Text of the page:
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Fake news, biometrics and blackout - Iran's disinformation tools

PAP/EPA/Sedat Suna
PAP/EPA/Sedat Suna

Despite the scale of terror, most of the world does not know much about the situation in Iran, because its government tightly restricts access to information, by using propaganda tools and fake news, and by controlling access to the internet. The problem concerns not only Iran, but also the armed conflict on the European continent. This is because Tehran's actions may be a model for Moscow and the subject of the already existing exchange of know-how with Russia.

The Islamic Republic of Iran has seen for over three months now mass public protests sparked by the brutal beating and death of 22-year-old Mahsa Amini after she was detained by Iran's so-called religious morality police for allegedly not wearing the customary Islamic female headcovering (hijab) in public1.

In October 2022, more than 1,000 people were arrested and sent to maximum security prisons in connection with the anti-government protests that have engulfed Iran, the biggest riots seen since the 1979 revolution. As part of the fight against the protesting society, the government uses all means to suppress the counter-revolution, including tools of information warfare, propaganda and limiting access to information.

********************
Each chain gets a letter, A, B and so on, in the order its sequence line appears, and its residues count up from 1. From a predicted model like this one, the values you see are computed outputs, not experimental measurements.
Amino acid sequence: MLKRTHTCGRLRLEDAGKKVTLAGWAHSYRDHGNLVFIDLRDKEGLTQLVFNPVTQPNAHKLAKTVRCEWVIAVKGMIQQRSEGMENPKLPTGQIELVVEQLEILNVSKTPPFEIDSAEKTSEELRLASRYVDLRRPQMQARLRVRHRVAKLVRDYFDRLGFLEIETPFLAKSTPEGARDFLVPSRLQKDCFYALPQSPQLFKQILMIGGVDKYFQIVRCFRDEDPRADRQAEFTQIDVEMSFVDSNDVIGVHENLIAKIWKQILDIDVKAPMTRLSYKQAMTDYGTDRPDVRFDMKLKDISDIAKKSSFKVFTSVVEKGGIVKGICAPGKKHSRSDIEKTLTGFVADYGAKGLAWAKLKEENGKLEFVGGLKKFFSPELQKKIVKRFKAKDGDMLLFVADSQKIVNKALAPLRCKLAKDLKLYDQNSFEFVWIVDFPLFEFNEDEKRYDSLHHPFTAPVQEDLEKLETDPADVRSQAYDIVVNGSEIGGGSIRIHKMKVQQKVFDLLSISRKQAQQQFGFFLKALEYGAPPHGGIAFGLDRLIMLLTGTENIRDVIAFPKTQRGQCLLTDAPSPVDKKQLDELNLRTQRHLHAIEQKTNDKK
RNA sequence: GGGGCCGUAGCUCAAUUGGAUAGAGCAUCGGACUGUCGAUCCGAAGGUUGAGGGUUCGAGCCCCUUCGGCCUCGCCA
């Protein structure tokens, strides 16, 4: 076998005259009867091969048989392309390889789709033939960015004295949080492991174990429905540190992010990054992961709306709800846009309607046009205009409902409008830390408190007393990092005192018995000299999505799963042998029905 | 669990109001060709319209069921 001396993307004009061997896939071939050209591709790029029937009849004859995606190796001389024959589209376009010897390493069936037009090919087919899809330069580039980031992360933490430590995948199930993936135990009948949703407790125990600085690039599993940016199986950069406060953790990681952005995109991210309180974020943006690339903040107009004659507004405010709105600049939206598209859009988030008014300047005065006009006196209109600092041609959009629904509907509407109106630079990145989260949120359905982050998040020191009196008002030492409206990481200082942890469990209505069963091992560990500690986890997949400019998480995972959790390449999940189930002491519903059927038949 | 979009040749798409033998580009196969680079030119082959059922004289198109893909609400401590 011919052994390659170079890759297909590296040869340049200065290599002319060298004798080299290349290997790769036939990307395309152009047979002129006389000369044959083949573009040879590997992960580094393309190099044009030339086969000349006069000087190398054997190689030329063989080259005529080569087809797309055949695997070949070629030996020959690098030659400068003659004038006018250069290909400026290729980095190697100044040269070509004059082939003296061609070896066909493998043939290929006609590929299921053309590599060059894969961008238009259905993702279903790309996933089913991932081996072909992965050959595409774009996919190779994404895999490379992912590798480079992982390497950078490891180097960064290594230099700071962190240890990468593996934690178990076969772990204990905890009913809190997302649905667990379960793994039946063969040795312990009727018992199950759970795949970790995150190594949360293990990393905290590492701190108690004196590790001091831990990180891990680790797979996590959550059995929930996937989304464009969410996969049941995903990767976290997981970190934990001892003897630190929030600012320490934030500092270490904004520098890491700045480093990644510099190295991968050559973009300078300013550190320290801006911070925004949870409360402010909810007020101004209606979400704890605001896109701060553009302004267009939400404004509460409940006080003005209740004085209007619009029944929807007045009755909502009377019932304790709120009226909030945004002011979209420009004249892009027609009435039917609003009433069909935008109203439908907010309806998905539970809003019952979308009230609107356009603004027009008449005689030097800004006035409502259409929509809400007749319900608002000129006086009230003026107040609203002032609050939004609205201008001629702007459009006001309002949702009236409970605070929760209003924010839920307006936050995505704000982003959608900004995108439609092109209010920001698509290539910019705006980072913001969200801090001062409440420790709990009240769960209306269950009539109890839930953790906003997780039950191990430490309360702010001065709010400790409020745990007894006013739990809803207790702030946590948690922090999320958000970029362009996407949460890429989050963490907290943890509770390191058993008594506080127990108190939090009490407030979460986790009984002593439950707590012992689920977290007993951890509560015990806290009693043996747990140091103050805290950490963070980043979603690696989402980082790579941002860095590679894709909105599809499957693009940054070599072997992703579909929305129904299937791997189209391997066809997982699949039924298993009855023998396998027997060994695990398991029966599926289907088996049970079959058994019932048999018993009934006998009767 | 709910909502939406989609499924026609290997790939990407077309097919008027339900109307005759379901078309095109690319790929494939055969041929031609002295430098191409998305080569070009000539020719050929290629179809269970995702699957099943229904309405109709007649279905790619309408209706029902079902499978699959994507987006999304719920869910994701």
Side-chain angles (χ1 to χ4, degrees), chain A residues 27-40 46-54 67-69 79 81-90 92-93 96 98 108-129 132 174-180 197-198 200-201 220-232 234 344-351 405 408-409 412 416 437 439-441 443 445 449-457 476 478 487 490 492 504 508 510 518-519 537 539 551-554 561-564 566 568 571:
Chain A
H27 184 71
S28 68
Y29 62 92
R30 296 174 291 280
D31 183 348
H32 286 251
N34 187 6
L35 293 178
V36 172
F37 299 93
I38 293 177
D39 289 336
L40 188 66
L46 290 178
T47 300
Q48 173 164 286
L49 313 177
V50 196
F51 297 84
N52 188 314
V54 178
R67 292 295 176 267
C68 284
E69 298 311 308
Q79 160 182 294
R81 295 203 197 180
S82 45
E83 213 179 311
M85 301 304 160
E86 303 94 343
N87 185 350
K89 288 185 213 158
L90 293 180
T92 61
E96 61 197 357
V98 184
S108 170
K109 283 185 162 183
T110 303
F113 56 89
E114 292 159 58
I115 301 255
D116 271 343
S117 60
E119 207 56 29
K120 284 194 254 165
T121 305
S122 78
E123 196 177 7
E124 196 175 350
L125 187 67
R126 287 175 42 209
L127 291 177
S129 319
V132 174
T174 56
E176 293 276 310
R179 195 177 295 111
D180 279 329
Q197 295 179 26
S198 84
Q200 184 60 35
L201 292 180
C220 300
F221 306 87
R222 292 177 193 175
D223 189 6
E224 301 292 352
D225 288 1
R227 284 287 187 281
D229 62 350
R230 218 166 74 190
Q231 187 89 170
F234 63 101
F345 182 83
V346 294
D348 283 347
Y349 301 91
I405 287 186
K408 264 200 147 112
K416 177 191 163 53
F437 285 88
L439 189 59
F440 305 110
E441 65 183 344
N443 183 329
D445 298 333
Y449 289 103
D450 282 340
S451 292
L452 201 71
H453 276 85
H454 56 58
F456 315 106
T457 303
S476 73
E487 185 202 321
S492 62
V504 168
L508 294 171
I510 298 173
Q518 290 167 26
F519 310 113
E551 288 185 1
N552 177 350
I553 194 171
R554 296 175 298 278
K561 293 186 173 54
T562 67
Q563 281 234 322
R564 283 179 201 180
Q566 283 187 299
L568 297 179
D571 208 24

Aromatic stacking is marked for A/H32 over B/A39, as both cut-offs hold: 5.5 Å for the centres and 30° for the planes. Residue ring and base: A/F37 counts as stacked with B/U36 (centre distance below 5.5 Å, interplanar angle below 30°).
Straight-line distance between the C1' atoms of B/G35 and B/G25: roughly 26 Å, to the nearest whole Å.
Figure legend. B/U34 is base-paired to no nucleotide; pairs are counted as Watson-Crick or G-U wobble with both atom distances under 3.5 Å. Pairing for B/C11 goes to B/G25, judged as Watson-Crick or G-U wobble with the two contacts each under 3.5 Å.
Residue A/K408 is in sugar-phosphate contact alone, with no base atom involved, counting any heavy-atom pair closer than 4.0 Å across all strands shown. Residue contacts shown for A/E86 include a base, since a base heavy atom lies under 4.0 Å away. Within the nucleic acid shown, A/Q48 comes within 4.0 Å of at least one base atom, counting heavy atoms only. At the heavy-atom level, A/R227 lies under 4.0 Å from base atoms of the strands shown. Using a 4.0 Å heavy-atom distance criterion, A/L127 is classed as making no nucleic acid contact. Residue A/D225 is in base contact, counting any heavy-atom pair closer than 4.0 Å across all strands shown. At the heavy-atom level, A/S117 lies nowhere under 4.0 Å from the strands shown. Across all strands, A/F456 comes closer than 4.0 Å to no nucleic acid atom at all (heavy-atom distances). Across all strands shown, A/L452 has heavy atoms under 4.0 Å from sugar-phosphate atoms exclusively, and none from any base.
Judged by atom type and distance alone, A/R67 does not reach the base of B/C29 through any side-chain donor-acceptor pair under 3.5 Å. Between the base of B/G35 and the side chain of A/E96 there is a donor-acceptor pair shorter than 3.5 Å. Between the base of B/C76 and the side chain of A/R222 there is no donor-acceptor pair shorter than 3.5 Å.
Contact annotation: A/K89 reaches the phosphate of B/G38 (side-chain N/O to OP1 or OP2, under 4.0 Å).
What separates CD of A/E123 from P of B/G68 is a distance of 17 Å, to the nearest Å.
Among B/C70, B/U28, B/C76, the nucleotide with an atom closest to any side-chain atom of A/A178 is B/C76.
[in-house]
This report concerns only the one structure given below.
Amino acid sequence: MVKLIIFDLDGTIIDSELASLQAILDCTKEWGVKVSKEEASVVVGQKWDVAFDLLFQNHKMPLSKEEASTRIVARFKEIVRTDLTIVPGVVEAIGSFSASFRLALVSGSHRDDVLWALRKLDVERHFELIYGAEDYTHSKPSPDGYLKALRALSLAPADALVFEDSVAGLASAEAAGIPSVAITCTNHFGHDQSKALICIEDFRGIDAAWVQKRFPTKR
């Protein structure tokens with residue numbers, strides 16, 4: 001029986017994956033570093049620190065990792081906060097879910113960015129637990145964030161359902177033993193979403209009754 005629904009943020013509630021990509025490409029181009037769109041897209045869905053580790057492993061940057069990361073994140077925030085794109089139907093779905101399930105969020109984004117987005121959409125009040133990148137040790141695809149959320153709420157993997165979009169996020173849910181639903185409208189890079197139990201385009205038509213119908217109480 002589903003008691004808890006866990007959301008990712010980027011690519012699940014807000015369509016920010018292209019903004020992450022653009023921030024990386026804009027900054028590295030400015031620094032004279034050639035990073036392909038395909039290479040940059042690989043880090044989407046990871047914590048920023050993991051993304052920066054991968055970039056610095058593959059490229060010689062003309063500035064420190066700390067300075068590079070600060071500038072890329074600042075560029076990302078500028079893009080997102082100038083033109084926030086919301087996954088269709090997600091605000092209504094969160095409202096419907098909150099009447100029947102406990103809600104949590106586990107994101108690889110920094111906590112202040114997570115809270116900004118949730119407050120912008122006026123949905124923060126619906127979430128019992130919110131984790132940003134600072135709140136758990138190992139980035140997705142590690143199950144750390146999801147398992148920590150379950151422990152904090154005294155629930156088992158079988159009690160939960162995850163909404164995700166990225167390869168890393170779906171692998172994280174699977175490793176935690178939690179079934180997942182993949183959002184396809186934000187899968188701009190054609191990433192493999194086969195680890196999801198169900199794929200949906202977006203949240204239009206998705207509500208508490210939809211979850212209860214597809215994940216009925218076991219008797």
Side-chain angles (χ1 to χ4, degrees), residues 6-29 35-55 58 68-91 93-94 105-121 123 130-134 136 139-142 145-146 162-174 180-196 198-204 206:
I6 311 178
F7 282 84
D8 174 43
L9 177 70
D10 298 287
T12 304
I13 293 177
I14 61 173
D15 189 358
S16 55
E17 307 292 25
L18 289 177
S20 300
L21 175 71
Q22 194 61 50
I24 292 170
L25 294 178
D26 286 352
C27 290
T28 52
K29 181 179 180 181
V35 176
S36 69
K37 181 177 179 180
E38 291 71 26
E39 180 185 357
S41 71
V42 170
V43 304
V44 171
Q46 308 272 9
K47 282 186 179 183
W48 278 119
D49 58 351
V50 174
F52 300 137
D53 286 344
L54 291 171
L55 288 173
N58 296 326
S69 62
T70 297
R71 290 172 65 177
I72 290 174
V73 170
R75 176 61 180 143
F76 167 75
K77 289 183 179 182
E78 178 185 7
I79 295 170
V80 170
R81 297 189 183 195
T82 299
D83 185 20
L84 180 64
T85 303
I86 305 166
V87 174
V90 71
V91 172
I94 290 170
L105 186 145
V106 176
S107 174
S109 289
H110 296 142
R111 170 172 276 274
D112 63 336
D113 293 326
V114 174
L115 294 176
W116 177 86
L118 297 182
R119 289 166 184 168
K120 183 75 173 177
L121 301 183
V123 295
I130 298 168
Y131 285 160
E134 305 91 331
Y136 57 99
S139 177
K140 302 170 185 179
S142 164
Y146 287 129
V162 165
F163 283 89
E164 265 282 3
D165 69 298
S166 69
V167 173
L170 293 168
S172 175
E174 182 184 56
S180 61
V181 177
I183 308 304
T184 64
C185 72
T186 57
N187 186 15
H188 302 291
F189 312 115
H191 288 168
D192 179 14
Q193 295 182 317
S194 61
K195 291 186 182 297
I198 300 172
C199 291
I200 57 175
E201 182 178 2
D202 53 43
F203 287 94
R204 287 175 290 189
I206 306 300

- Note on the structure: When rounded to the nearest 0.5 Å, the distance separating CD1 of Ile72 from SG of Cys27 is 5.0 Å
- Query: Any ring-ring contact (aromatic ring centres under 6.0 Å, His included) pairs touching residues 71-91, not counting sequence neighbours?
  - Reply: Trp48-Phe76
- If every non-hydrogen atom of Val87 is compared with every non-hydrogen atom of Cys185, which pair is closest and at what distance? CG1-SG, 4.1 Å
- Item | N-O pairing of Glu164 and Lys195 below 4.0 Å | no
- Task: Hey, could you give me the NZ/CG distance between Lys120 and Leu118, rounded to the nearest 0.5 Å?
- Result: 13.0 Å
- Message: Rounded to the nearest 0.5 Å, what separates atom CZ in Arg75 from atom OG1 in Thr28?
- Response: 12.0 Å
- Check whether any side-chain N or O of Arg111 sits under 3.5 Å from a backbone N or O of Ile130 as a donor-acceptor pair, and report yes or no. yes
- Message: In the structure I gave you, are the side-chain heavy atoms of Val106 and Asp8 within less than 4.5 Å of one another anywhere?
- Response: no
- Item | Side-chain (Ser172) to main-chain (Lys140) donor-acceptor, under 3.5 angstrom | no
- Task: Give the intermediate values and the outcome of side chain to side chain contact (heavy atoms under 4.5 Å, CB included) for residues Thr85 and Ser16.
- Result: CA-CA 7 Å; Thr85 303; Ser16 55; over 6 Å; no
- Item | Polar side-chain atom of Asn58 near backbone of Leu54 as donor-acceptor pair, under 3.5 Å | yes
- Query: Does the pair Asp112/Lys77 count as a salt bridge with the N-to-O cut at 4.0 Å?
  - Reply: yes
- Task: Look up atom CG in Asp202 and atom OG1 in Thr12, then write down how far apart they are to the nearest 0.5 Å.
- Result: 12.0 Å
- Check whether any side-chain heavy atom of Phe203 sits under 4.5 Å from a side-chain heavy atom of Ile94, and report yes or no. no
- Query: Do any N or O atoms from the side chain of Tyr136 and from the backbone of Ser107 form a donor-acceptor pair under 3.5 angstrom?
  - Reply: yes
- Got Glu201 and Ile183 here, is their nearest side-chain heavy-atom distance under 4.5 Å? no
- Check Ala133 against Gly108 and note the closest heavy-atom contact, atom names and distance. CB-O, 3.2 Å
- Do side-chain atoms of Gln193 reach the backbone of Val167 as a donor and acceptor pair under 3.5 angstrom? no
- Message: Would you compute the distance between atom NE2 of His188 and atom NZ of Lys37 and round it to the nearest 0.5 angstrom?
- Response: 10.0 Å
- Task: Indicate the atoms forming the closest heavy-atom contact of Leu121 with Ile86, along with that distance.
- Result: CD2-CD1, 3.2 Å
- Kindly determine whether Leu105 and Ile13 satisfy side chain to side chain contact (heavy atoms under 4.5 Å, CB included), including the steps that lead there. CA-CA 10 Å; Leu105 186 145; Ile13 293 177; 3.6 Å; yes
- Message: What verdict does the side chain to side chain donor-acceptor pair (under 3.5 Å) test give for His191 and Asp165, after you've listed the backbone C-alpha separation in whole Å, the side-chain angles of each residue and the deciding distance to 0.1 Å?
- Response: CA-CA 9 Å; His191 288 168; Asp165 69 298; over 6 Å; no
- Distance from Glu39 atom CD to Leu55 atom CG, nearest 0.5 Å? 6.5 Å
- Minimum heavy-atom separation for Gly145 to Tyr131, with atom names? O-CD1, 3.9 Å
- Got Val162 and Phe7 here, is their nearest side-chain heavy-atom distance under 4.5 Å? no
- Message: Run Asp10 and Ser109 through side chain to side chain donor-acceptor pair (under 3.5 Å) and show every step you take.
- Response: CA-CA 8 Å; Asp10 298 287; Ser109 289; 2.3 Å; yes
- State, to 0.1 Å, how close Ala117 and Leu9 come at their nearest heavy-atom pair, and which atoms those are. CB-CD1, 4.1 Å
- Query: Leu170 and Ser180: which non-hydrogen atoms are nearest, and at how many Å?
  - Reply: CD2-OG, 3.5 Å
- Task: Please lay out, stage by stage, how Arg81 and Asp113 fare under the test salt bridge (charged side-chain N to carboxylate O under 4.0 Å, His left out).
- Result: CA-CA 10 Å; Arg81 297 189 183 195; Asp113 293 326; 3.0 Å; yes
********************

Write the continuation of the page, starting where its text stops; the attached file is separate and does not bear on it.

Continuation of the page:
This is particularly relevant in the context of dramatic human rights violations, especially against women and children2, committed by the Iranian rulers and the religious hierarchy supportive of them. 

The tools used by Tehran also have a geopolitical dimension. Due to cordial relations between Iran and Russia, the experiences of both countries in the field of fake news campaigns and, more broadly, information access control, can be exchanged, serving to strengthen authoritarian power.


Blockade the Persian way

According to official Twitter data3, cybersecurity experts discovered hundreds of fictitious social media accounts in 2018, which, although run in English and targeted at communities in Western Europe and the US, were controlled from Tehran.

An analysis by FireEye cyber security company has found that the scope of campaigns aimed at undermining the images of the USA, Israel, Saudi Arabia and personally the former US President Donald Trump was not very impressive, which would indicate the incompetence of people managing troll farms4.